New Willie Nelson song condemns Iraq war
Country legend Willie Nelson greets the crowd while taking the stage Tuesday in Owensboro, Kentucky.
DALLAS, Texas (Reuters) -- Country music icon Willie Nelson has written a Christmas song with an edge -- a protest against the war in Iraq that he hopes will stir passions in those who hear it.
Nelson, 70, said Wednesday he wrote "Whatever Happened to Peace on Earth" after watching the news on Christmas Day and will play it in Austin, Texas on Saturday at a concert to benefit Democratic presidential candidate Dennis Kucinich.
His rare foray into protest music -- he said it was only the second such song he had written, after the Vietnam-era "Jimmy's Road" -- follows recent political controversies stirred by the Dixie Chicks and Steve Earle.
The Dixie Chicks, one of the biggest acts in country music, had their music boycotted by some country stations after lead singer Natalie Mains said at a concert in London just before the invasion of Iraq that she was embarrassed to be from the same state as President Bush.
Last year Steve Earle sparked the ire of conservatives with his song "John Walker's Blues" about the young American who converted to Islam was captured while fighting alongside the Taliban in Afghanistan.
Nelson said his new song criticized the Bush administration's decision to invade Iraq and those who thought it unpatriotic to speak out against the war.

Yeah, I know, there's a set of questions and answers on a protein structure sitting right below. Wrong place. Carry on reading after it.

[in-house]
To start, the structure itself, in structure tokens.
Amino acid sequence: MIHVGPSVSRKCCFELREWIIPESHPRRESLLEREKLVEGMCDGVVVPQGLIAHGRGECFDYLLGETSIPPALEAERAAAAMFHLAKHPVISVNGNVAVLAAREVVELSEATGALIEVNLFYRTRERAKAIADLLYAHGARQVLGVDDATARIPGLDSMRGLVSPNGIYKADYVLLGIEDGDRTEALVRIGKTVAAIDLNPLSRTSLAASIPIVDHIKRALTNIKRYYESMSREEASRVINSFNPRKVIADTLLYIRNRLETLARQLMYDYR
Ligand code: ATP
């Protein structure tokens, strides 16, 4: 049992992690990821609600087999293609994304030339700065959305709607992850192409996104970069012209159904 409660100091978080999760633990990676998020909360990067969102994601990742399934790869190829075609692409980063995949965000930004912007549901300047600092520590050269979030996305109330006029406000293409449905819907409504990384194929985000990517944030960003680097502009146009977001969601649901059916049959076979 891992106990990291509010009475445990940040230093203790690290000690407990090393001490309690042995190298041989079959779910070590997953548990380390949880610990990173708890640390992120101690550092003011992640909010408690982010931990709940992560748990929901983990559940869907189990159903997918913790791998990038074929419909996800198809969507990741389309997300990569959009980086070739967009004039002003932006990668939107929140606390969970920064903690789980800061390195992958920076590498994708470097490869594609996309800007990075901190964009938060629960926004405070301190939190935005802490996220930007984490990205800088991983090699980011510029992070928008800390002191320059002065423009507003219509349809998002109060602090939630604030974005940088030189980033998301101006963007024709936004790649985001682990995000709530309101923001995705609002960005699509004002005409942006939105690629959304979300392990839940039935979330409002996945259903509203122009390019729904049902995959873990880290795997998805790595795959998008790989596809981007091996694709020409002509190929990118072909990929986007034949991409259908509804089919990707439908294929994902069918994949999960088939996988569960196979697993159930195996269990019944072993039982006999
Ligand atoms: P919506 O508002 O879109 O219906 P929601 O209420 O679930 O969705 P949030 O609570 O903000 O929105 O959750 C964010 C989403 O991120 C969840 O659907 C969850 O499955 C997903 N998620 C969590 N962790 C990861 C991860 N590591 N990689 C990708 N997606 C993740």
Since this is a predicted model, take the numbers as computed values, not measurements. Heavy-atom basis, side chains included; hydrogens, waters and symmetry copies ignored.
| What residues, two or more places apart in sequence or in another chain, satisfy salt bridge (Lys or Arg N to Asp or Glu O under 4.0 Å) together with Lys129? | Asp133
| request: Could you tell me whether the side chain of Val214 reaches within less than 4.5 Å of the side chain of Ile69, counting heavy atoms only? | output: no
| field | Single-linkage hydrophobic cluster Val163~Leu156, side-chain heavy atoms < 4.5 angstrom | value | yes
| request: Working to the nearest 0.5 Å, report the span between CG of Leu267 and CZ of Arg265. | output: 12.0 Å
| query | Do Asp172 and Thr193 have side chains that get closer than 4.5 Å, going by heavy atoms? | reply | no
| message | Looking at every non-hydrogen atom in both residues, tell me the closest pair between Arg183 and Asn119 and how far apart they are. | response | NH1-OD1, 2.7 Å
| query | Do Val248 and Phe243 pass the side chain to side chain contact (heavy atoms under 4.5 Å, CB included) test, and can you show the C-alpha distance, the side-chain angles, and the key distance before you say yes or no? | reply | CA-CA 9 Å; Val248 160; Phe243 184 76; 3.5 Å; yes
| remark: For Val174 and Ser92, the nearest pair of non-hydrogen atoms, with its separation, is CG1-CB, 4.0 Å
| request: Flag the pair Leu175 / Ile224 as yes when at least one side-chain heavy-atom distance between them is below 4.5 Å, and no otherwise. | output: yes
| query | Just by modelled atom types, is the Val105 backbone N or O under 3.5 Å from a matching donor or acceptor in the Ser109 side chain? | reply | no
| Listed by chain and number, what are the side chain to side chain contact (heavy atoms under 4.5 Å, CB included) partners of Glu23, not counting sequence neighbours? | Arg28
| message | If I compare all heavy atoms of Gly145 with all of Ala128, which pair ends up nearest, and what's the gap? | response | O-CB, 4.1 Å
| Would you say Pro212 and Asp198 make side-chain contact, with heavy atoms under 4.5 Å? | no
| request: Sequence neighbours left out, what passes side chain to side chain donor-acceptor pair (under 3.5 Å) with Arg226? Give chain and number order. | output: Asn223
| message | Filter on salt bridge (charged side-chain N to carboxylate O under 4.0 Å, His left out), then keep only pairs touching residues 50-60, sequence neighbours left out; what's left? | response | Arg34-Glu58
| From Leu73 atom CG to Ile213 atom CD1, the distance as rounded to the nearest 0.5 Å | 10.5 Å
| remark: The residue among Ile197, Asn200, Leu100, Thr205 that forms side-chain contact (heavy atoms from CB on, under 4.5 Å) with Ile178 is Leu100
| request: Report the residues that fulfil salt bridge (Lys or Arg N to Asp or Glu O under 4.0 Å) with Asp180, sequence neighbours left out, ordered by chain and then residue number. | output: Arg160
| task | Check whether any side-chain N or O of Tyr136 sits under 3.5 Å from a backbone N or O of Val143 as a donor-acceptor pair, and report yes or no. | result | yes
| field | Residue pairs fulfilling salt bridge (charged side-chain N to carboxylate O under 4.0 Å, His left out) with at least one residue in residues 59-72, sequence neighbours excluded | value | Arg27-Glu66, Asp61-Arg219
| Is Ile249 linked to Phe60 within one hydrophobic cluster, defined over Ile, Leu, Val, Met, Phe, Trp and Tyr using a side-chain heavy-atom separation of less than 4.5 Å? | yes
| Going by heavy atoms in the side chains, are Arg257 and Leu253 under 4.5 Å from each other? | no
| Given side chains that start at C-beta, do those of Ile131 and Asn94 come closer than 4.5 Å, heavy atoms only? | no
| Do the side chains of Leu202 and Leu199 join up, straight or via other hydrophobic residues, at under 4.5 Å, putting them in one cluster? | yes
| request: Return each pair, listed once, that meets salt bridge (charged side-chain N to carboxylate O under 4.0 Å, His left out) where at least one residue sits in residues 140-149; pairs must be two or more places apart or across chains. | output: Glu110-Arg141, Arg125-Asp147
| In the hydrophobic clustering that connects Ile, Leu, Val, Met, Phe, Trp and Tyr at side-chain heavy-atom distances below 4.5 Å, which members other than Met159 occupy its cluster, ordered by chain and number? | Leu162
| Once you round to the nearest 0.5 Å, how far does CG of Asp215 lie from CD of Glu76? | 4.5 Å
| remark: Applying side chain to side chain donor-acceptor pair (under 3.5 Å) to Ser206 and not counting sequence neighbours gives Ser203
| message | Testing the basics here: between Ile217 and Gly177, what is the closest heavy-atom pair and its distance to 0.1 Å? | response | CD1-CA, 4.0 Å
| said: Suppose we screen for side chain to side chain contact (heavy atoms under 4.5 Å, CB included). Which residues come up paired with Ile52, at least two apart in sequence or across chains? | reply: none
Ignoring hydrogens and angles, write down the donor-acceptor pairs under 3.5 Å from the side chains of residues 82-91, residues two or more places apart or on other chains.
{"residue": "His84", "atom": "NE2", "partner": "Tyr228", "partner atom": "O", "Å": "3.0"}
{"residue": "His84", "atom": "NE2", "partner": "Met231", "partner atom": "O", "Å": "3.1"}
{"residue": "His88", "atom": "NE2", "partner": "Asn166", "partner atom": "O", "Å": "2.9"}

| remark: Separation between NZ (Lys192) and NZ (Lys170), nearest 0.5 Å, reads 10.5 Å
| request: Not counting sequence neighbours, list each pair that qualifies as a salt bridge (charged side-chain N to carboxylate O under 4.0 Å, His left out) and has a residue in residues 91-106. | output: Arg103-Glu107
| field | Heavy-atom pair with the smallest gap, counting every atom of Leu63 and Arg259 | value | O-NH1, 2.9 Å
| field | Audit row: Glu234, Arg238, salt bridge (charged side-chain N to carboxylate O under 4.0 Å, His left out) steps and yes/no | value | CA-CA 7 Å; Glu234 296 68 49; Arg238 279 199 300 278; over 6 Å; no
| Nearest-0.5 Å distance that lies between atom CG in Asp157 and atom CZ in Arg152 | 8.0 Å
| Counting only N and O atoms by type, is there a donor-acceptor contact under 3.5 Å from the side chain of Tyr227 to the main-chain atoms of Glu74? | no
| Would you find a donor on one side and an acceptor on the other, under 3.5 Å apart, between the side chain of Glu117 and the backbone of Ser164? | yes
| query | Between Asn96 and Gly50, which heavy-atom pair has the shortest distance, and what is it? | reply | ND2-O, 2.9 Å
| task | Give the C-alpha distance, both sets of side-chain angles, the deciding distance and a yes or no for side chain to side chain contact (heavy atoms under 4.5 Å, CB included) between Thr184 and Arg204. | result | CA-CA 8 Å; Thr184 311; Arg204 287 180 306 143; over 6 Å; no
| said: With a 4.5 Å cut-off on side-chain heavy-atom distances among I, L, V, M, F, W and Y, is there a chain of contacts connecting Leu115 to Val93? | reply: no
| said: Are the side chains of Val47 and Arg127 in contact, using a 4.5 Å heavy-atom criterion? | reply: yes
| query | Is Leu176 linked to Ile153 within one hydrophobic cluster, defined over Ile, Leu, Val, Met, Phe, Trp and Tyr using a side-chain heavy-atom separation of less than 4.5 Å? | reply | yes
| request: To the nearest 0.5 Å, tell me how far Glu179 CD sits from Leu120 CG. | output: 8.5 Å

The song opens with the line "How much oil is one human life worth?" and swings into the chorus: "Hell they won't lie to me/ Not on my own damn TV/ But how much is a liar's word worth/ And whatever happened to peace on earth?"
"I hope that there is some controversy," said the country singer, who has five nominations in the upcoming Grammy Awards. "If you write something like this and nobody says anything, then you probably haven't struck a nerve.
"I got it out of my system. I was able to say what I was thinking," Nelson said.
David Swanson, a spokesman for the Kucinich campaign, said the candidate was a Willie Nelson fan and the song resonated with themes raised by Kucinich on the stump.
"This is a patriotic song," Swanson said.
Bush ordered the invasion of Iraq in March saying that Saddam Hussein threatened U.S. security by possessing weapons of mass destruction, but no such weapons were found.
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